Attribution Fraud in the In-App World

Fraud remains a key threat to the digital advertising world and has been a pervasive hazard throughout its history. Where app promotions are concerned, the problem is particularly acute. New forms of attribution fraud have quickly emerged that are far more complex than their equivalents in the wider digital environment. In this exclusive piece for ExchangeWire, Noelia Amoedo (pictured below), CEO, Mediasmart, writes about how to avoid fraud when promoting apps.

With some studies suggesting that 40% of a typical advertising investment ends up being fraudulent, awareness of the scale of the problem in the in-app world is growing, and many are starting to realise the full extent and impact on advertisers, of this type of activity.

Although there’s a long way to go, a series of factors have aligned that suggest we’re approaching a turning point. Certain advertisers in the app world have already issued lawsuits and gone public with certain networks’ malpractice and tracking; and a growing range of attribution solutions have been produced to tackle and identify fraudulent practices.

But firstly, let’s be clear on the challenge. Attribution examines the efficiency of a media channel. With mobile-app advertising, most attribution systems in mobile-app marketing use a last-click-based attribution model. This means that user action is attributed to the channel that delivered the ‘last click’ that indicates intent towards a product or service.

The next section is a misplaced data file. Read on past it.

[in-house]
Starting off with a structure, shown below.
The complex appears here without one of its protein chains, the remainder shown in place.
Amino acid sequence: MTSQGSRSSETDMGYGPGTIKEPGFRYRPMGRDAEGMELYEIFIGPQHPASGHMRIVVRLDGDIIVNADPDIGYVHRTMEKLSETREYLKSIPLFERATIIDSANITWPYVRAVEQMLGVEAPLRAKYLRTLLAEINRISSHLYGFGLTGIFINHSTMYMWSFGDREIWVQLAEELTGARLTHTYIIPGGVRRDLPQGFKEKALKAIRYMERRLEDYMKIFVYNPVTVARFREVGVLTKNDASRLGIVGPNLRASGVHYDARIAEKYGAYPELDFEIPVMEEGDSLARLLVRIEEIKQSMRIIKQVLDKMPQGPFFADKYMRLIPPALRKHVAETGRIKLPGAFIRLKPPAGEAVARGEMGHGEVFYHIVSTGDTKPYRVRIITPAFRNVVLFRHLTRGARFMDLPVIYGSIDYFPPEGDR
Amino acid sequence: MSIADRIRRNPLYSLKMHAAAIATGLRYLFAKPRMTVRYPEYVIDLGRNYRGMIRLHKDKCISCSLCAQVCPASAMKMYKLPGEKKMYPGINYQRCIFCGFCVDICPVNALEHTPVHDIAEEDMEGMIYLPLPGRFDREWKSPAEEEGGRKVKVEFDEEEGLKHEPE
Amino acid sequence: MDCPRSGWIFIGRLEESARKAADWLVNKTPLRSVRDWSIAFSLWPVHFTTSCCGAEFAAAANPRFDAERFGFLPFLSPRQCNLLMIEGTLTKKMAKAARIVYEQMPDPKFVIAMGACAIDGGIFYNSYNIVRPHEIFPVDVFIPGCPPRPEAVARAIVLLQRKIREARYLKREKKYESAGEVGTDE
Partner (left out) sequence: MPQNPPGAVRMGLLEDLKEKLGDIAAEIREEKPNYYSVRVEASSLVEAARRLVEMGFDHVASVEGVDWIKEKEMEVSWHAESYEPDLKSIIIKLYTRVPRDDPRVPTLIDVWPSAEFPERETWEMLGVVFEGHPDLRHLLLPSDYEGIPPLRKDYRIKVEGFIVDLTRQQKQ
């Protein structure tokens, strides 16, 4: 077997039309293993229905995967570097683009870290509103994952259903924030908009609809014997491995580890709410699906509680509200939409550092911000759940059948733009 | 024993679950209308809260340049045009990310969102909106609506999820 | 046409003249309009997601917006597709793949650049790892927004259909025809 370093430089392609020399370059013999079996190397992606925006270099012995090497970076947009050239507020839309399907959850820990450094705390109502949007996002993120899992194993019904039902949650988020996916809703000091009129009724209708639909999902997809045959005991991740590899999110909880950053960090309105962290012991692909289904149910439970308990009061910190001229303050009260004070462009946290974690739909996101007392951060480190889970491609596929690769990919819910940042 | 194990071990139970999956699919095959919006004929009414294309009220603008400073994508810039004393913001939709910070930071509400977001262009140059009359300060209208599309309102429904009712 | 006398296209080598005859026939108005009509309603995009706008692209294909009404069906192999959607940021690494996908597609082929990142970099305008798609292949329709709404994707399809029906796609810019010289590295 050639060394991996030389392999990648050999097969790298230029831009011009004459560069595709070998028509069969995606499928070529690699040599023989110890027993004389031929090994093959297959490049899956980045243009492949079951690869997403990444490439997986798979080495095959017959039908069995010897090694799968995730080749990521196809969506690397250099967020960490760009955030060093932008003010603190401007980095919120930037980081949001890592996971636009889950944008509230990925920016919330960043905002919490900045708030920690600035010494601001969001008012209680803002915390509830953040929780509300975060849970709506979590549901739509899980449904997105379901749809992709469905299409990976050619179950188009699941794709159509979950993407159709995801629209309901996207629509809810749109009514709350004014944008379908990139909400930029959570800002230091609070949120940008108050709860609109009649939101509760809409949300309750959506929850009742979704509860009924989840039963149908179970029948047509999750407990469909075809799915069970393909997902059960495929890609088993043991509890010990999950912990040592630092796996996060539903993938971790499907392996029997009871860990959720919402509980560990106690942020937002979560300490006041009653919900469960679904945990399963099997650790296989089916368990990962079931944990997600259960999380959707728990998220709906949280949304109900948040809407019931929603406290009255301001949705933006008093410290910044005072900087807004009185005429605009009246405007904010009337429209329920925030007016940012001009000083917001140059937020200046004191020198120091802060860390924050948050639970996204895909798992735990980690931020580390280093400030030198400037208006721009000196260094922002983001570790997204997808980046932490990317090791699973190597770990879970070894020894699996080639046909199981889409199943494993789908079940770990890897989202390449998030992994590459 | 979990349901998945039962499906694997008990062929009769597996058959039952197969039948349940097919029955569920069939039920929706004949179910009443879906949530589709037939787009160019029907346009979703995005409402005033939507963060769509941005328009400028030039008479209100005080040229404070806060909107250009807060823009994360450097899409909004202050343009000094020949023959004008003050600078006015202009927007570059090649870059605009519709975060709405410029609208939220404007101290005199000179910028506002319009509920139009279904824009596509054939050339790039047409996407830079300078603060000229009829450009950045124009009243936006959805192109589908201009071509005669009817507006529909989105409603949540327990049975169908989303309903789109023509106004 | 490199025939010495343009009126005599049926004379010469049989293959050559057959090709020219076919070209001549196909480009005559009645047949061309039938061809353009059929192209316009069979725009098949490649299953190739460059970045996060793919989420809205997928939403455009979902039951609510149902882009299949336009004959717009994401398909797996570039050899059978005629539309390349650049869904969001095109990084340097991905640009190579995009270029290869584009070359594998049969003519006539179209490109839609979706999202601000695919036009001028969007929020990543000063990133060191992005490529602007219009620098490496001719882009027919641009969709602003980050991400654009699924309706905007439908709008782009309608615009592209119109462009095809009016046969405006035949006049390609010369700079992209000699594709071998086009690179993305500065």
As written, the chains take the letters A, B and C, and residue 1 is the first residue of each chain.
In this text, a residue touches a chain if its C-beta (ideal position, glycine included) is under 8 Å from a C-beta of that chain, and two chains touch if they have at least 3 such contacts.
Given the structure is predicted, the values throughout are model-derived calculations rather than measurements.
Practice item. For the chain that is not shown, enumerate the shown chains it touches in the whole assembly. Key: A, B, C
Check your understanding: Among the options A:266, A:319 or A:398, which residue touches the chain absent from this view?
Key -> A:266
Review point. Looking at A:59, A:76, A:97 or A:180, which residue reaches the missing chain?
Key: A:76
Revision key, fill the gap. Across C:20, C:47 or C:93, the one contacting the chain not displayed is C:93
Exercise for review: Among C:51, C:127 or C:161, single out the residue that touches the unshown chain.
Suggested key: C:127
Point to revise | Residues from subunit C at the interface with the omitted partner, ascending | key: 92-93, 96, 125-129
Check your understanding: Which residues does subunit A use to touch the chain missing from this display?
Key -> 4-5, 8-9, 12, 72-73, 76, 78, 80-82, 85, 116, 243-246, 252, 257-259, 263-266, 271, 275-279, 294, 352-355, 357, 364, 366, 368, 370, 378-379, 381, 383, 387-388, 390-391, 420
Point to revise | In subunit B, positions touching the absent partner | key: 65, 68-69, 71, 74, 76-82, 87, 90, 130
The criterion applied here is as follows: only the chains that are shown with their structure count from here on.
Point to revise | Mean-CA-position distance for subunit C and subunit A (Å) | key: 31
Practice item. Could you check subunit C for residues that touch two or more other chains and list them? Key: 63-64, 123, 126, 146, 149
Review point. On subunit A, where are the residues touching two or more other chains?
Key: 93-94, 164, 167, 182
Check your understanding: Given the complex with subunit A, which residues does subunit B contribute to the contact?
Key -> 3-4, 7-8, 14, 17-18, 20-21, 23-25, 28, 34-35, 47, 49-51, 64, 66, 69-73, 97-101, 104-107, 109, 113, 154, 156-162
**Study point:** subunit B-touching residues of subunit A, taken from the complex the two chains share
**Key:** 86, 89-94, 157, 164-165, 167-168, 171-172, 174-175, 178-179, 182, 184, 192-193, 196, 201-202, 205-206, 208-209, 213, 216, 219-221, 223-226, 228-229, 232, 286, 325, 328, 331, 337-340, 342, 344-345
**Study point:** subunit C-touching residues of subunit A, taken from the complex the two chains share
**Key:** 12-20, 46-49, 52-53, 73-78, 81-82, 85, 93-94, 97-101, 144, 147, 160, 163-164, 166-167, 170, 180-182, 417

Noelia Amoedo, CEO, Mediasmart

Last-click attribution has many limitations, although none of them is limited to the mobile world: what if, for example, a user clicks on ad from channel X just because she saw before four ads from channel Y and those four were critical to make up her mind? In any case, when huge advertising budgets are spent to achieve this last click before an app is installed, or an online purchase is made, it’s imperative that the definition and measurement of such clicks is accurate.

Unfortunately, within the digital advertising ecosystem, and particularly where app promotions are concerned, there are numerous practices designed to mislead and distort attribution systems. These range from the purely unethical, at one end of the scale, to the entirely illegal at the other.

The first example of this are creatives that generate forced clicks. Here, a typical interstitial asks users whether they’re interested in a product or service, or not, then forces the user to click YES or NO in order to navigate away from that page. Those who use this avenue generate many more clicks than others who don’t. And the playing field is distorted even further, with last-click attribution schemes, giving a hundred times more probability of getting organic installs or installs coming from other advertising channels attributed to them.

Another example is that of creatives that generate auto-redirects to an app store: that is, a user is redirected to the app store after seeing an ad and without clicking on it. Whilst this increases conversion rates for the provider, it also creates a highly disappointing user experience that’s likely to throw a negative light on any brand.

A great deal of fraud now also stems from networks that generate click injection or click spam. By simply sending a lot of made up clicks, or by generating clicks at exactly the right time, providers using this practice can attribute what would most likely be organic installs or installs legitimately destined for other providers, to themselves. In the worst cases of this type, advertisers end up paying for acquisitions that were coming to them for free.